Wi-Fi Protected Setup

Wi-Fi Protected Setup (WPS) is a method common on home access points  for users to connect without having to type in a long encryption key.   Instead a PIN is printed on the access point and anyone with physical access can add themselves to the wireless.   This has always seemed kind of hinky to me so I disable WPS after all my devices are setup.

Research posted earlier this week by Stefan Viehbock reports WPS design flaws and implementation flaws that can result in an attacker accessing your network.  

Flaw #1 – WPS is vulnerable to brute force attacks

Flaw #2 – The access point sends a authfail if the first half of the PIN is incorrect.   Uh huh. 

A brute force tool has been written but has not been released at the time of this posting.
Where possible, users should disable WPS on their home access point when they are not actively adding new wireless clients.


  1. Although you have suggested that users should disable their WPS where possible, the brute force tool is very powerful and take control after just a few hours. Vulnerable users would need to gain additional security to ensure their wifi is secure.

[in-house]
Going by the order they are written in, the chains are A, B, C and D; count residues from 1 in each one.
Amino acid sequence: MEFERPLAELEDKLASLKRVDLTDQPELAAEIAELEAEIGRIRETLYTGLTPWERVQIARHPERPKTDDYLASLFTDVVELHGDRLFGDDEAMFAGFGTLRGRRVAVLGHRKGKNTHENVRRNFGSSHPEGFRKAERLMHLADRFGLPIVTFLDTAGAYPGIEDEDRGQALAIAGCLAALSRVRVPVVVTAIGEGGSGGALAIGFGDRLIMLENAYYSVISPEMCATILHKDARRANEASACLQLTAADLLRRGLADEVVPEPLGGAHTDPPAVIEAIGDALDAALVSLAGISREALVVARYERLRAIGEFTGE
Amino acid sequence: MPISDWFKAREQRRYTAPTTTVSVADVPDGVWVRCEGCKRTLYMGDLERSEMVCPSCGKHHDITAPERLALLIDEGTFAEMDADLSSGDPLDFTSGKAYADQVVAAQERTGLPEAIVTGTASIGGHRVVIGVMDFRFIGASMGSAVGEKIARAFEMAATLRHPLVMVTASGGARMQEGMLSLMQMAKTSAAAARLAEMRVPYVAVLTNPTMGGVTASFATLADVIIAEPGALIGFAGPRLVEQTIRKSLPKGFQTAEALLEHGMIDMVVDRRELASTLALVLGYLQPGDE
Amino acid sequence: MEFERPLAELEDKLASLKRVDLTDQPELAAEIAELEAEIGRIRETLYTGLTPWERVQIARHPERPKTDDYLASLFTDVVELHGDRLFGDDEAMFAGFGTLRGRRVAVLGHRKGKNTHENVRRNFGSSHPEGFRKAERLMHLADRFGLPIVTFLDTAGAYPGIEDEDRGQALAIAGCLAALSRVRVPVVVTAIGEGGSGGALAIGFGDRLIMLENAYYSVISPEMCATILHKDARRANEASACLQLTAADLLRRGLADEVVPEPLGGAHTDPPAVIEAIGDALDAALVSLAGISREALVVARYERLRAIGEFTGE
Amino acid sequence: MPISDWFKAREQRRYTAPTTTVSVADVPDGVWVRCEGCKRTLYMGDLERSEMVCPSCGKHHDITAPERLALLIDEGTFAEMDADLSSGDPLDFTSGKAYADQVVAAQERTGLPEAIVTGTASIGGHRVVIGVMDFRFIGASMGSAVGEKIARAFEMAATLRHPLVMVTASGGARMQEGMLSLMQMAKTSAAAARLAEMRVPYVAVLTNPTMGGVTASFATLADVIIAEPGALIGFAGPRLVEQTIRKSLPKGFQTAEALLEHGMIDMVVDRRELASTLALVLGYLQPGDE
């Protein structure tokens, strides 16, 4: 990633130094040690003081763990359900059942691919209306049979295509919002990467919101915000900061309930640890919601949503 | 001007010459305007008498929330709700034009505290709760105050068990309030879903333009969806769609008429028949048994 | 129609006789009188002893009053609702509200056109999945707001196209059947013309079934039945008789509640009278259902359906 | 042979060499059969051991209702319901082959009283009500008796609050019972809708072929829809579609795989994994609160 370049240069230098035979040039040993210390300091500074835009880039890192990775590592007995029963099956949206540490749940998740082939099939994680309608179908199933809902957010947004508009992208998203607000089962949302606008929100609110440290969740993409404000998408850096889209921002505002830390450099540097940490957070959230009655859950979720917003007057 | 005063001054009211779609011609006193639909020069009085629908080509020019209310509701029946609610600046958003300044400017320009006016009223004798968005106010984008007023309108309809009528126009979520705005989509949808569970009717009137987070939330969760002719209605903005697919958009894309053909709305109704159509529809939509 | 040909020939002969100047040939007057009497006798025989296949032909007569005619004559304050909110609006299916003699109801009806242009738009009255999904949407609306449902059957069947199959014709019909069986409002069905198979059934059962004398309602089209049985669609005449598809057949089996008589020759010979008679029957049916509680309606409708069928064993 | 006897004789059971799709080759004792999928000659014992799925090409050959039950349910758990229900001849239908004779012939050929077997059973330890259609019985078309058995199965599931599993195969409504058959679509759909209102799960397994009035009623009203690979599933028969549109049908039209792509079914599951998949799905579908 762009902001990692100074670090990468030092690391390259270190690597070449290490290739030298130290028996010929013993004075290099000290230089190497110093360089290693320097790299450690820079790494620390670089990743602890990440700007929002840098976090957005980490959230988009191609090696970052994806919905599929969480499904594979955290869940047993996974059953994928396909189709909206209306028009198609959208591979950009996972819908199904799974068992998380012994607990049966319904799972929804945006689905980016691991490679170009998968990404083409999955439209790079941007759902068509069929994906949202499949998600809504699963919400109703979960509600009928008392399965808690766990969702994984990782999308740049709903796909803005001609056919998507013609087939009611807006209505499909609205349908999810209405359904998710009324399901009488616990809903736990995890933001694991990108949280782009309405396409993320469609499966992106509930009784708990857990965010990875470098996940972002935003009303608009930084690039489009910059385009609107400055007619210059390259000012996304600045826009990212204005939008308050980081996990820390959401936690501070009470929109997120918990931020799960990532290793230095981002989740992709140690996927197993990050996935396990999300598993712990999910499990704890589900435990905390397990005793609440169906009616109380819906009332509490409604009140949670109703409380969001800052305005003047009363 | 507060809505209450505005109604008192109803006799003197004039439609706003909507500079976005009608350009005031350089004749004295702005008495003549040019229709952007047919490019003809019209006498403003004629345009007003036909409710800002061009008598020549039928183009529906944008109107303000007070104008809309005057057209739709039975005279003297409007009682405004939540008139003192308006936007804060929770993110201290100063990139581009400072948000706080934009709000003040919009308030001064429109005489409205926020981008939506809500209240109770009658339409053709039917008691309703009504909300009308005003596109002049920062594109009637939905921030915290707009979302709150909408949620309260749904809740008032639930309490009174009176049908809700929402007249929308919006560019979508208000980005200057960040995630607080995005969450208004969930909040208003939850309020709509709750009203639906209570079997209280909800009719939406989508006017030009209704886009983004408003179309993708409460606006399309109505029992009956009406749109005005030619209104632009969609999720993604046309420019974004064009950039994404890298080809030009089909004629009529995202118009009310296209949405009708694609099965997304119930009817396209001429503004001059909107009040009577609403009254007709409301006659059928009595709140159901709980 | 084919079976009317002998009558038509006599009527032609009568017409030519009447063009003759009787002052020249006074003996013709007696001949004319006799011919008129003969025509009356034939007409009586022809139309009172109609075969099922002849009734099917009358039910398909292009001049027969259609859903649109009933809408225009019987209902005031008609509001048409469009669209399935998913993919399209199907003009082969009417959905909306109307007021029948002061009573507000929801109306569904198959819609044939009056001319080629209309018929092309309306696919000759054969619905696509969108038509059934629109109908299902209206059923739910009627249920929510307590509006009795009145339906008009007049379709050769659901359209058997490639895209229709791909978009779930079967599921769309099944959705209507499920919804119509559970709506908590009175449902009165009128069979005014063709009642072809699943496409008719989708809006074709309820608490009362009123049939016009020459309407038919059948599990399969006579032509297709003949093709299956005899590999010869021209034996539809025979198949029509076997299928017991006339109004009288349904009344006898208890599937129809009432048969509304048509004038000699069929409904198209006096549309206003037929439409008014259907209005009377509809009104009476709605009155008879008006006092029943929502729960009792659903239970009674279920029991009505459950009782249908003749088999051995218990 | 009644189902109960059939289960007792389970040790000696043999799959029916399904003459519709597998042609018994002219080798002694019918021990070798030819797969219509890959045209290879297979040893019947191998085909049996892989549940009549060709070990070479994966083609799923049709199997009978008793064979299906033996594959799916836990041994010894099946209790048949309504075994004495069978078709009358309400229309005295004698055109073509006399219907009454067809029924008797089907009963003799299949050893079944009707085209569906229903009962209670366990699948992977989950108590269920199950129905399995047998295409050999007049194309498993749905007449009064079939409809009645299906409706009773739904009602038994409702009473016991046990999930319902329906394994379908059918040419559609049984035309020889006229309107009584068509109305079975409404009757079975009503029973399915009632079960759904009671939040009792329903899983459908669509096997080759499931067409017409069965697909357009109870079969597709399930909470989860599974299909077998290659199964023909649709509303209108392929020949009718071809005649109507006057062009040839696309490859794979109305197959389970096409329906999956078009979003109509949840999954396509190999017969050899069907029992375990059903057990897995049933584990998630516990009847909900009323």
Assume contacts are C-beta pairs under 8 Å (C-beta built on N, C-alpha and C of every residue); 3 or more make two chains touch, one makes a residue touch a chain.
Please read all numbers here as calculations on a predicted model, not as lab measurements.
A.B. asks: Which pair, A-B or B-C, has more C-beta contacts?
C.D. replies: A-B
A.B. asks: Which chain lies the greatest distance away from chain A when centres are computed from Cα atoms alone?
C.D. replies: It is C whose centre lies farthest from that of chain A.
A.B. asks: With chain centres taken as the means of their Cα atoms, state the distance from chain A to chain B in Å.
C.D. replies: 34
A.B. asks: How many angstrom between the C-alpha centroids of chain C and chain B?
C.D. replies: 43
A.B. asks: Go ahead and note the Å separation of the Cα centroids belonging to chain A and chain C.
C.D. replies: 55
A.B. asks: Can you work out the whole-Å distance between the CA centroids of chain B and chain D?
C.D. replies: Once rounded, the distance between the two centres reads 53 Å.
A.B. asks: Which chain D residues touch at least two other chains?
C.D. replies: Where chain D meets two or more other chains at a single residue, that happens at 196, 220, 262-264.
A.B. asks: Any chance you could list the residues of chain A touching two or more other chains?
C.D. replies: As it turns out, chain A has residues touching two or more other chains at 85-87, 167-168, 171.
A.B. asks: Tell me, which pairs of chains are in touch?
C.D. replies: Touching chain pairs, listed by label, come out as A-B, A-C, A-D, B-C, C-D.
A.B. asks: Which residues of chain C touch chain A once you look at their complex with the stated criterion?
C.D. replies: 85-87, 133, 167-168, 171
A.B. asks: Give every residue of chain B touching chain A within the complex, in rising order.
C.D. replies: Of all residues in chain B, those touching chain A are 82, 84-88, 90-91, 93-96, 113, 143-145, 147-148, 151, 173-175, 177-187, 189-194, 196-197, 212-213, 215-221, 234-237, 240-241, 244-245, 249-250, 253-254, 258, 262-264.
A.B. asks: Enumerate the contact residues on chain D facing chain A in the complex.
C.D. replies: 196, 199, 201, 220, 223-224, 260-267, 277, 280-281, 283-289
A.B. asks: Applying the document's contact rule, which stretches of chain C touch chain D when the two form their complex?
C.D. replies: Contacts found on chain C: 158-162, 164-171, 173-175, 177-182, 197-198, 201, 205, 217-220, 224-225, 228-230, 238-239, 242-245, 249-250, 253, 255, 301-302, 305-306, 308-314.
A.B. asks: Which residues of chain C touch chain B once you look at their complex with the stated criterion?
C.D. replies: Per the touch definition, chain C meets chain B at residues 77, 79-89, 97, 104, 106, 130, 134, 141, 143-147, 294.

2. One of the less-known dangers of Wi-Fi Protected Setup (and routers secured out of the box) is physical security, since the biggest giveaway with any wireless network was the security information (including the Wi-Fi Protected Setup PIN number – once someone gets this PIN number which cannot be disabled and/or changed, there’s no going back) printed on the unit, along with the same PIN number in the setup menus.
    How a wireless passphrase can be extracted: http://www.youtube.com/watch?v=kRhyvRAUG6k

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